Yoshitoshi

Tsukioka Yoshitoshi

1839-1892

A Mirror of Famous Commanders of Great Japan: Yamato Takeru no Mikoto
(Dai Nippon meisho kagami: Yamato Takeru no Mikoto)

signed oju Yoshitoshi, with artist's seal Taiso, with publisher's cartouche of Kumagaya Shoshichi, ca. 1878-80

oban tate-e

Between 1876 and 1882, Yoshitoshi produced fifty-one prints for this ambitious series depicting stories of famous warriors from history and legends. Yamato Takeru no mikoto was the third son of the legendary 12th Emperor Keiko. The stories about Prince Takeru are found in the Nihon Shoki (Chronicles of Japan) compiled for the Imperial family in the 7th and 8th centuries, and the 8th century Kojiki (Record of Ancient Matters). Both accounts record that Emperor Keiko sent the strong-willed Takeru away on a mission to quell his enemies after the prince murdered his elder brother Ousu. Although he was successful on various campaigns, Takeru predeceased his father, dying during the 43rd year of Keiko's reign.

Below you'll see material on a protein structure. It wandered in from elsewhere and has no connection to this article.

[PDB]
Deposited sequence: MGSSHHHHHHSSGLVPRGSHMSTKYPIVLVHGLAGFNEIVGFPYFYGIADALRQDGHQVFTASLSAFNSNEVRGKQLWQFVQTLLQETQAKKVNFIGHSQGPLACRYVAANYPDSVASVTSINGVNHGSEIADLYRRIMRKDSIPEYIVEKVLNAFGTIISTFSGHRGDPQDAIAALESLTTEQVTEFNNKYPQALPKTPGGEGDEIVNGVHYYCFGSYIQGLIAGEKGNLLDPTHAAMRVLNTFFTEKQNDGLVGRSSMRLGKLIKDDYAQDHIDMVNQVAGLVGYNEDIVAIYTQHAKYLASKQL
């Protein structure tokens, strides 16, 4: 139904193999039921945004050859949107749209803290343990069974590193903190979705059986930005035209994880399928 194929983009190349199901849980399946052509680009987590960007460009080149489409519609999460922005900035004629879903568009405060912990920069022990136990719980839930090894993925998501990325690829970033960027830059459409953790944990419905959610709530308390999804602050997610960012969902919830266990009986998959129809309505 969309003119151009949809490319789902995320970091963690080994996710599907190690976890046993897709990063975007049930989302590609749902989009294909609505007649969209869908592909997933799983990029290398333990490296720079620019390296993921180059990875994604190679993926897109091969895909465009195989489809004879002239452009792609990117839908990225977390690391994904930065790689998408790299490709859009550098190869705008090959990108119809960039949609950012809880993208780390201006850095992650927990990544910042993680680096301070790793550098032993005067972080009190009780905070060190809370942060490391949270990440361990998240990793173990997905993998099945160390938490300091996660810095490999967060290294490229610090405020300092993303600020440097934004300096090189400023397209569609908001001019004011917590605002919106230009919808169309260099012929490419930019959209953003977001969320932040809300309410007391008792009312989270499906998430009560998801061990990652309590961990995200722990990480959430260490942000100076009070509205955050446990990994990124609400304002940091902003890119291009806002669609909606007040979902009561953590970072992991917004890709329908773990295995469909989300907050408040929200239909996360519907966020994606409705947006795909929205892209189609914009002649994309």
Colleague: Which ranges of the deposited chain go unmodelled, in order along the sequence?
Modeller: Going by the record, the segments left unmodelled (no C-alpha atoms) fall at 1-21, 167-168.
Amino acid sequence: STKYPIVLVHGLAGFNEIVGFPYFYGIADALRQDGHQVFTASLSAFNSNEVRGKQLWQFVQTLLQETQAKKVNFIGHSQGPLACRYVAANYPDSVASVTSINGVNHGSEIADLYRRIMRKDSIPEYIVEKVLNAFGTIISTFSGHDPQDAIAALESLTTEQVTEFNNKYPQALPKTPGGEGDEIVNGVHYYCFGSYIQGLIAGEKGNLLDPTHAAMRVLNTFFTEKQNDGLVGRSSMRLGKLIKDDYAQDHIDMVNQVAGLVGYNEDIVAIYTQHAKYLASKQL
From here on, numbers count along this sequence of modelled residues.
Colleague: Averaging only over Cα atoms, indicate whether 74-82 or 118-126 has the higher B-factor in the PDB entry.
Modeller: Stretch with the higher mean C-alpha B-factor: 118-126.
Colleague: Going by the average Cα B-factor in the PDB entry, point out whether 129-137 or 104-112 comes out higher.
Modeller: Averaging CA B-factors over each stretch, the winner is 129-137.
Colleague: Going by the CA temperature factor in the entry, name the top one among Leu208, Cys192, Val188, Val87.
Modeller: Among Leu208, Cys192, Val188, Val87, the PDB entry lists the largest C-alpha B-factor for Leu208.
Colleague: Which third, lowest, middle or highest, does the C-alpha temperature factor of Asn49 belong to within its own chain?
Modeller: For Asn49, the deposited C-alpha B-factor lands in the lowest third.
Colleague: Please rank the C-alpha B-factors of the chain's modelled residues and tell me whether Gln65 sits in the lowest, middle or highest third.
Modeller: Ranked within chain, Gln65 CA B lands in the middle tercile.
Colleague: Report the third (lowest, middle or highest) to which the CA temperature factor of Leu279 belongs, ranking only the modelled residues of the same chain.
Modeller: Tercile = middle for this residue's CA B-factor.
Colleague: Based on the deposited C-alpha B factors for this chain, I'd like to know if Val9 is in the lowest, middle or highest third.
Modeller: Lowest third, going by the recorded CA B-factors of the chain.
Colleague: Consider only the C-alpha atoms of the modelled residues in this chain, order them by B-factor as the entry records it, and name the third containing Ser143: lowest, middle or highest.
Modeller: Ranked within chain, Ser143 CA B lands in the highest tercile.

References:
Roger Keyes, Courage and Silence, 1983, p. 413, no. 334.1
Eric van den Ing & Robert Schaap, Beauty and Violence, 1992, p. 116, no. 27.1
Museum of Fine Arts, Boston, accession no. 11.18091
(inv. no. 10-5338)

price: $225

kikumon

Scholten Japanese Art is open Monday - Friday, and some Saturdays by appointment only

Contact Katherine Martin at
(212) 585-0474 or email
kem@scholten-japanese-art.com
to schedule a visit between 11am and 4pm for no more than two individuals at a time.
In order to adhere to New York State guidelines visitors are asked to wear face masks and practice social distancing.

site last updated
May 5, 2021

Scholten Japanese Art
145 West 58th Street, suite 6D
New York, New York 10019
ph: (212) 585-0474
fx: (212) 585-0475